Details: The team started as a Whatsapp chat group in 2014, took a break during the pandemic when doctors were working ungodly hours, and came back under the leadership of a hospital internist named Gustavo Vargas.
- Vargas found a field to play in, made uniforms out of old scrubs and rallied doctors from seven hospitals to play together twice a week.
- Over 200 doctors are in the chat group, but only 18 are allowed to play each game, Vargas said.
- The goal is to help doctors become healthier, create bonds between them and set a positive example for their community, Vargas says.
The team has been playing so consistently that it now has a sponsor — the cleaning company that Vargas' brother owns.
- Vargas, who developed high cholesterol when he was still in physician training, says he and many others have noticed major health improvements.
- Doctors tend to bump heads in the hospital but are now are building good relationships, Vargas says.
- And patients are getting better care from doctors who are happier because they're exercising and having fun, he adds.
What they're saying: "I tell patients to exercise because I know the difference it makes in my life," Vargas says.
- "It's extremely important for us to be, like, role models ... to set an example."
4. Immigrant pride flies
A new National Geographic documentary examines life in a factory that makes American flags and whose employees are primarily refugees and immigrants, Russell writes.
Why it matters: The American far right has adopted the U.S. flag as one of its main symbols and waved it during the Jan. 6 insurrection. Others say the American flag has been co-opted and holds more uniting values, especially for immigrants.
Details: "The Flagmakers," currently airing on Disney Plus, debuted Friday on Hulu.
- The film follows refugees and immigrants from Latin America, the Middle East, Africa, Eastern Europe, and Asia who work at the Eder Flag factory in Oak Creek, Wisconsin.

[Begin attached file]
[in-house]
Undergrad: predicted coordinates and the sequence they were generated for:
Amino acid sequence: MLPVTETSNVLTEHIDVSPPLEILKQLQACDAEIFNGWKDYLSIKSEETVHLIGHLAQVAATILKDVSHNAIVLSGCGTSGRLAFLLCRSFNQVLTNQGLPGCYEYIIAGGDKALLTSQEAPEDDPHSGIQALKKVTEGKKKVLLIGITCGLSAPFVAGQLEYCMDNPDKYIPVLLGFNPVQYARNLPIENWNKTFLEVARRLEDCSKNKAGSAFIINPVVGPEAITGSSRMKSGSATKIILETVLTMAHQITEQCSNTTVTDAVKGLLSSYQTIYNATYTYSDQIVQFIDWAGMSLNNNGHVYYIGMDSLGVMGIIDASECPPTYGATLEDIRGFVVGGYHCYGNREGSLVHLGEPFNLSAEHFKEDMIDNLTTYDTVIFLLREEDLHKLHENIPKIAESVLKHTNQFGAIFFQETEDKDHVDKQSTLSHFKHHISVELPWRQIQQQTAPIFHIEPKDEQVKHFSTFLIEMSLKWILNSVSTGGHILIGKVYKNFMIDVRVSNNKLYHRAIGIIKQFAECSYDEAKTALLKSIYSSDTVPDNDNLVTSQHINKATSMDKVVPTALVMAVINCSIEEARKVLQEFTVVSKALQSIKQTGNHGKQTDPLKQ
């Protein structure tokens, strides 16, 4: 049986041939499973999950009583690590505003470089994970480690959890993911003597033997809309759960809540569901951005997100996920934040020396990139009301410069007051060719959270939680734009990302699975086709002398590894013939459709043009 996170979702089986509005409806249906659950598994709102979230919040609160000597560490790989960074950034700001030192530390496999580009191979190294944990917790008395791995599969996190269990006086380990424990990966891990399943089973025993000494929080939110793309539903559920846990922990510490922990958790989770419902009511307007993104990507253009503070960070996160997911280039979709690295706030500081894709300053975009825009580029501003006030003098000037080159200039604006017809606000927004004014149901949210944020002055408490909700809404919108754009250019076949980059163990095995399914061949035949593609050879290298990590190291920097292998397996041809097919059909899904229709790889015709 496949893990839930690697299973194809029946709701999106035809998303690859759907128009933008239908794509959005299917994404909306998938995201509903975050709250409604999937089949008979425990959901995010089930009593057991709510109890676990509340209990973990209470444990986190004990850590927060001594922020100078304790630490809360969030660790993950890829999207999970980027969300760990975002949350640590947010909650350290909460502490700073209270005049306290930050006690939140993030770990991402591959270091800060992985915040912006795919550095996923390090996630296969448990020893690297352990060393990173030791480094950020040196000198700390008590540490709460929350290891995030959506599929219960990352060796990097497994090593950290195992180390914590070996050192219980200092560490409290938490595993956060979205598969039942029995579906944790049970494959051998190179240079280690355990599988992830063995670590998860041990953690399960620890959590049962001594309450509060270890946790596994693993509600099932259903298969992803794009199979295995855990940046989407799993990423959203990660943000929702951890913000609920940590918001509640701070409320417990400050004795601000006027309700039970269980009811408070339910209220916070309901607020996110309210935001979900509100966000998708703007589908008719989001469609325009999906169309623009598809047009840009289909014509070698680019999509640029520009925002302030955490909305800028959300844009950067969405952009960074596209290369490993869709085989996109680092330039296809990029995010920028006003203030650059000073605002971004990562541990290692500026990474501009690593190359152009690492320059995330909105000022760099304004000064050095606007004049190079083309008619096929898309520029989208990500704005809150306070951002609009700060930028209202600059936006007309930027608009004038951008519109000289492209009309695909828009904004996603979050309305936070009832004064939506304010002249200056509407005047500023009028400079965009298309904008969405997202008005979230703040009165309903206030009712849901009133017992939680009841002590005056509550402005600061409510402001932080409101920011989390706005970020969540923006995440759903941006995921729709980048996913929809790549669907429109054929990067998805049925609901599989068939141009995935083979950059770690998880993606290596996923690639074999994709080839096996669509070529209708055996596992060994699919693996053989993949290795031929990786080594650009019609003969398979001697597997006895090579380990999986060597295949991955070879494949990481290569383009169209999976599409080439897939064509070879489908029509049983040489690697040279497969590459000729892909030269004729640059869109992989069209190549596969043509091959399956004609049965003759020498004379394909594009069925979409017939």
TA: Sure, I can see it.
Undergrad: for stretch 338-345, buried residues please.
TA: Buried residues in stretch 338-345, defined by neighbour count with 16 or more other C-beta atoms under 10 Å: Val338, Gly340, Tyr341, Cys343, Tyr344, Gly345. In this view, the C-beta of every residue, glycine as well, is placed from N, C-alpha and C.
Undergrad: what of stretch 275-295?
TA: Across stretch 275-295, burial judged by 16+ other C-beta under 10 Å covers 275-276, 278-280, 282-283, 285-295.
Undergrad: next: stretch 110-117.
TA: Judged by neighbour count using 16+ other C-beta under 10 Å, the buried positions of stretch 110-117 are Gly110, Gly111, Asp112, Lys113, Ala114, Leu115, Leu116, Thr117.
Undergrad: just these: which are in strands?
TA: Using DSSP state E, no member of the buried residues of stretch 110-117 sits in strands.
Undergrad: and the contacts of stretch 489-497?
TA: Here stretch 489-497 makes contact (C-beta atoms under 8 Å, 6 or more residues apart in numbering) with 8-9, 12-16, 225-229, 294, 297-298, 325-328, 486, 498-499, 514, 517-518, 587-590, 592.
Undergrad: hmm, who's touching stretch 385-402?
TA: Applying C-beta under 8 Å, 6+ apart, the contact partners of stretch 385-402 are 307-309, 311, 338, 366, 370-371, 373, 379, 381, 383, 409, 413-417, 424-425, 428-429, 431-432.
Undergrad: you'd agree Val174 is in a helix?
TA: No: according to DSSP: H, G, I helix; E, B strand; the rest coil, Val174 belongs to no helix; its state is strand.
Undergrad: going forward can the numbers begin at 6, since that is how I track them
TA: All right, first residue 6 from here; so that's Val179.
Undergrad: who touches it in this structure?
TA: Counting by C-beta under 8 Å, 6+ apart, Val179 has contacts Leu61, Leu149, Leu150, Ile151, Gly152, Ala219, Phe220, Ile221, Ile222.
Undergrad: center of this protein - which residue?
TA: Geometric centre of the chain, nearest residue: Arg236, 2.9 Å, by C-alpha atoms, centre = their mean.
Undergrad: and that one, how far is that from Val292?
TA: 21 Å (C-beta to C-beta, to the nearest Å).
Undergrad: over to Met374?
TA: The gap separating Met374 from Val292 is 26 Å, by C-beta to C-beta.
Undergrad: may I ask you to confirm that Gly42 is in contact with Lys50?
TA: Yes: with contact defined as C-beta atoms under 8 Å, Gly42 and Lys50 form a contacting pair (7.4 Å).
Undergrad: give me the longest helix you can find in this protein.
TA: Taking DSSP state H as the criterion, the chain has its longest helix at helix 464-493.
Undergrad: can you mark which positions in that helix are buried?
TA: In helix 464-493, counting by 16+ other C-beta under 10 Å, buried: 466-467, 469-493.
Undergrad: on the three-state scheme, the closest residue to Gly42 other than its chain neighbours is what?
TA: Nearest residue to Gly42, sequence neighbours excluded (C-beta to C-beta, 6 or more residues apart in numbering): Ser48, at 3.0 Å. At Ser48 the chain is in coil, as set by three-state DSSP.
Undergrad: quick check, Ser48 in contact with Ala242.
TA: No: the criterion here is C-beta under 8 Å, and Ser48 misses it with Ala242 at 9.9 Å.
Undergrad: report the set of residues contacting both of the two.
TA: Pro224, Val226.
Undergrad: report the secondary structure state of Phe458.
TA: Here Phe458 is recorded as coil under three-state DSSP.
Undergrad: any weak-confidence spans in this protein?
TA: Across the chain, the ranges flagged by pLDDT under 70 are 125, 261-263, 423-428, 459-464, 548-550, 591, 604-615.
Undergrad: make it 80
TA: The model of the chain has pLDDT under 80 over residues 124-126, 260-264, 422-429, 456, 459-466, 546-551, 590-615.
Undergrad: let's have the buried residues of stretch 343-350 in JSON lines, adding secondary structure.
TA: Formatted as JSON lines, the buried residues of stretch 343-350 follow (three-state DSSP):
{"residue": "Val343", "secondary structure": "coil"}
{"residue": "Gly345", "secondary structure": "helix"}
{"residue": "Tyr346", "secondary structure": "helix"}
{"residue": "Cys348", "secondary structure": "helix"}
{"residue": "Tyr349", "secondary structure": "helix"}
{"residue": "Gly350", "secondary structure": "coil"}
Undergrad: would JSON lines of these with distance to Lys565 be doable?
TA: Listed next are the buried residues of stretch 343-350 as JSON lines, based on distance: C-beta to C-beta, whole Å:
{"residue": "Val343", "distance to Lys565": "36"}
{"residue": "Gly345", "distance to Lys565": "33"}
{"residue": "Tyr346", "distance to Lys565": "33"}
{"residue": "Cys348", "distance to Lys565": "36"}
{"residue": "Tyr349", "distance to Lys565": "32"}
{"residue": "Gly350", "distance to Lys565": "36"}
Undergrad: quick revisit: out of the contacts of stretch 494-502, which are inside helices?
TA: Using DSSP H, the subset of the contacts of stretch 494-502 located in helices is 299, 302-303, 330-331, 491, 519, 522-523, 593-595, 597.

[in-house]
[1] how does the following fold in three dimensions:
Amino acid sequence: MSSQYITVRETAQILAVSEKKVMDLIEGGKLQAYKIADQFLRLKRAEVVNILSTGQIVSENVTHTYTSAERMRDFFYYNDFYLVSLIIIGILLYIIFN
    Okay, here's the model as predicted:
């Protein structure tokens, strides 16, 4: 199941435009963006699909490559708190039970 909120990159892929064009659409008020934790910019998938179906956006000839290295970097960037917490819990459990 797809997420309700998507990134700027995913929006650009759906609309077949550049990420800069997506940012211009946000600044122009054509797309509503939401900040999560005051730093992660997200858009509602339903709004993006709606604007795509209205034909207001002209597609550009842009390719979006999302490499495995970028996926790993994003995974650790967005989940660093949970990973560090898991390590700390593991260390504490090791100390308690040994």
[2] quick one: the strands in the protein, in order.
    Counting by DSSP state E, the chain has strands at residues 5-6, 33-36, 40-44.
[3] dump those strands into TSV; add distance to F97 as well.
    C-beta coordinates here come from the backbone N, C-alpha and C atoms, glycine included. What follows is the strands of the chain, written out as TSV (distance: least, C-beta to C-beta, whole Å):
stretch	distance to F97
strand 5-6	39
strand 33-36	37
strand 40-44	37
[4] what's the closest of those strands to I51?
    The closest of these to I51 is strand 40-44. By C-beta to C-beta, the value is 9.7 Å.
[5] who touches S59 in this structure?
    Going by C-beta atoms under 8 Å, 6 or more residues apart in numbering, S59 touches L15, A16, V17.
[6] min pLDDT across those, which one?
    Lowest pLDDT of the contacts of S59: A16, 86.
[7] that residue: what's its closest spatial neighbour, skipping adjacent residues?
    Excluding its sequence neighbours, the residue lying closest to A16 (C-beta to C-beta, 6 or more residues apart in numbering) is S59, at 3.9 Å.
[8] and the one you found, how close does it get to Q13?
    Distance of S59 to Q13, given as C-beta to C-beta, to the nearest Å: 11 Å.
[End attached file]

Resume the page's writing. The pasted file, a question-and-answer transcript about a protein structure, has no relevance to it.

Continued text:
- They speak of what the American flag means to them and how it gave them hope as they fled violence, poverty, and uncertainty in their former countries.
What they're saying: "The people that literally sew the Stars and Stripes of our nation are very much representational of our nation," filmmaker Cynthia Wade tells Axios.
- Wade says Eder Flag is one of the largest flag factories in the U.S. and has more than 200 employees, most of whom are immigrants and refugees.
Between the lines: Wade said she and co-director Sharon Liese had become uncomfortable with how the extreme right used the American flag.
Of note: The American flag was used by Civil Rights marchers from Selma to Montgomery, Alabama, in 1964 to press segregationists to honor the nation's promise of equality.
- War World II veteran Dr. Hector P. Garcia urged fellow Mexican American veterans to use the U.S. flag in marches and rallies to fight discrimination.
- Native Americans also wave the American flag at powwows while honoring Indigenous veterans.
5. Stories we're watching
1. In clashes with Peruvian security forces this past week, 17 people protesting against Peru's President Dina Boluarte died and dozens were injured.
- Protesters are demanding early elections and the resignation of Boluarte, who yesterday met with political party leaders, businesspeople and NGOs to discuss next steps.
2. Puerto Rico, where 70 women were slain last year and attempts were made on the lives of another 69, named a special investigator for gender-targeted violence this past weekend, five months after the position became vacant.
- Vilmarie Rivera Sierra, who previously led a network of shelters for abused women, will head the office.
6. Smile to go: 🎨 Rooftop art
Murals in a shanty town in Mexico City are beautifying its aerial view in a bid to help make it safer, Marina writes.
Details: The hundreds of murals on Iztapalapa's rooftops were commissioned by the government, which has also placed more street lights, crosswalks signs and panic buttons on lampposts.
- The artwork is mostly visible from the Cablebús, an aerial lift system inaugurated in 2021 and used by over 50,000 people daily.
- The murals have motifs ranging from Mexican flora and fauna to renowned women and fictional characters like Marvel's Namor.
- Artists who participated say they wanted to give Iztapalapa, known for high levels of violence, a "stroke of other colors."